Baby Sleeping with Parents: The Proven Effects on Newborns, Babies and Children

Based on seven reviewed studies, we can clarify some of the misconceptions about co-sleeping. We suggest that co-sleeping does not have to be avoided as long as the child is over 4 months old, you are sleeping in a bed and not on a sofa, and the parents do not smoke. However, babies below 4 months and parents who smoke should avoid co-sleeping. Below are the actual findings of the empirical studies to clarify the misconceptions:

SIDS: Co-sleeping in a bed is not linked to sudden infant death syndrome (SIDS) as long as the infant is above 4 months and the parents don't smoke (but co-sleeping on the sofa should be avoided).

Impacts on long-term development: Co-sleeping children are not less independent. On the contrary, co-sleeping in the 1st year of life can enhance children's self-reliance (dressing themselves) and their social independence (making friends by themselves) at preschool. In addition, there are no negative impacts on long-term development.

Breastfeeding: Co-sleeping is life-saving for breastfeeding mothers!

Night awakenings: Co-sleeping babies may wake up more often at night but each waking is shorter than those of solitary sleeping babies. Therefore, the total waking duration is the same for co-sleeping and solitary sleeping babies.

Created on November 21 2015 at 08: 00 AM


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Details of Scientific Answers: Click on each bullet to Read References

Pros

References:

1: "Why Babies Should Never Sleep Alone: A Review Of The Co-Sleeping Controversy In Relation To Sids, Bedsharing And Breast Feeding," Paediatric Respiratory Reviews, 2005, by JJ McKenna, T McDade. (Citations: 212).

There has been much controversy over whether infants should co-sleep or bedshare with an adult caregiver and over whether such practises increase the risk of SIDS or fatal accident. However, despite opposition from medical authorities or the police, many western parents ...


References:

1: "A Comparison Of The Sleepwake Patterns Of Cosleeping And Solitary-Sleeping Infants," Child psychiatry and human development , 2004, by A Mao, MM Burnham, BL Goodlin-Jones. (Citations: 83).

Abstract This study examined whether 315, month-old cosleeping infants displayed differences in time spent in active versus quiet sleep, and in the number/duration of nighttime awakenings when compared with solitary-sleeping infants; and also whether ...


References:

1: "The Sleep Of Cosleeping Infants When They Are Not Cosleeping: Evidence That Cosleeping Is Stressful," Developmental Psychobiology, 2002, by M Hunsley, EB Thoman. (Citations: 55).

Abstract Co-sleeping proponents consider the practice to be natural and a potential protection against sudden infant death syndrome (SIDS); others consider the practice of an infant sleeping in the parents' bed for prolonged periods at night to place an infant at risk ...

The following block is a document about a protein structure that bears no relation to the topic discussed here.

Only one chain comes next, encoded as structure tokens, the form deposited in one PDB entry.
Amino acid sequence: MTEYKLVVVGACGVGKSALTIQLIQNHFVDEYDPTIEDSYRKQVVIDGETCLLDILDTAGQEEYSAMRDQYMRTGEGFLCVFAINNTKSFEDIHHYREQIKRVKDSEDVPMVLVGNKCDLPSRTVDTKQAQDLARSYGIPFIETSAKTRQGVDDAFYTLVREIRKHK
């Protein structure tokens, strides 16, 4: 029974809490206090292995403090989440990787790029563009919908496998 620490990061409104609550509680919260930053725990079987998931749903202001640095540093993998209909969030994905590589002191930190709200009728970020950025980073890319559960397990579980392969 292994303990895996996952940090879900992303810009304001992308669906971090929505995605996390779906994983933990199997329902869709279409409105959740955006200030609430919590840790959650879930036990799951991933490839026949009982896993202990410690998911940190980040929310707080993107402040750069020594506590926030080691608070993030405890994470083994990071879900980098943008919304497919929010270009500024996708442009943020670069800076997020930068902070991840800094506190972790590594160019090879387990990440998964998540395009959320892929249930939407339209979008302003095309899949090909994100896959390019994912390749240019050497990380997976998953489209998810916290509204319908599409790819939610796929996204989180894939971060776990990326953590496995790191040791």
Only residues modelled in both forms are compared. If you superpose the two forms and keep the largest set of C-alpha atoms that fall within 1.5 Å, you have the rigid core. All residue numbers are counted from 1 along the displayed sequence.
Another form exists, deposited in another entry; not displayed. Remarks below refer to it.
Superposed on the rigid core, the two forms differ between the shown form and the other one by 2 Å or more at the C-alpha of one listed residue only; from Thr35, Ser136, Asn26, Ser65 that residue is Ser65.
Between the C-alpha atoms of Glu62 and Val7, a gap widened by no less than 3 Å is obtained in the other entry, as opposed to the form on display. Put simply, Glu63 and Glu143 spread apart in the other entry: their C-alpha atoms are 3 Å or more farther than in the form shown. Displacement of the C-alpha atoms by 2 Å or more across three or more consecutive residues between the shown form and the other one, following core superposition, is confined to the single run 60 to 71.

2: "Solitary Sleeping In Young Infants Is Associated With Heightened Cortisol Reactivity To A Bathing Session But Not To A Vaccination," Psychoneuroendocrinology, 2012, by MS Tollenaar, R Beijers, J Jansen. (Citations: 13).

BACKGROUND: In this prospective longitudinal study, we investigated the relation between sleeping arrangements and infant cortisol reactivity to stressors in the first two post-natal months. Co-sleeping, as compared to solitary sleeping, is hypothesized to provide more ...


Cons

References:

1: "Cosleeping: Help Or Hindrance For Young Children'S Independence?," Infant And Child Development, 2004, by MA Keller, WA Goldberg. (Citations: 55).

Abstract This study investigated the relationship between sleep arrangements and claims regarding possible problems and benefits related to co-sleeping. Participants were 83 mothers of preschool-aged children. Data were collected through parent questionnaires. ...


References:

1: "Babies Sleeping With Parents: Case-Control Study Of Factors Influencing The Risk Of The Sudden Infant Death Syndromecommentary: Cot Deaththe Story So Far," BMJ, 1999, by PS Blair, E Mitchell, PJ Fleming, IJ Smith, MW Platt. (Citations: 311).

Objective: To investigate the risks of the sudden infant death syndrome and factors that may contribute to unsafe sleeping environments. Design: Three year, population based case-control study. Parental interviews were conducted for each sudden infant death and for ...


References:

1: "Outcome Correlates Of Parent-Child Bedsharing: An Eighteen-Year Longitudinal Study," Journal of Developmental & Behavioral Pediatrics, 2002, by P Okami, T Weisner, R Olmstead. (Citations: 98).

ABSTRACT. We report results of the first longitudinal study of outcome correlates of parent-child bedsharing. Two hundred five families in nonconventional and conventional family lifestyles have been followed since 1975. A target child in each family was followed from ...


How


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Baby Sleeping with Parents: The Proven Effects on Newborns, Babies and Children

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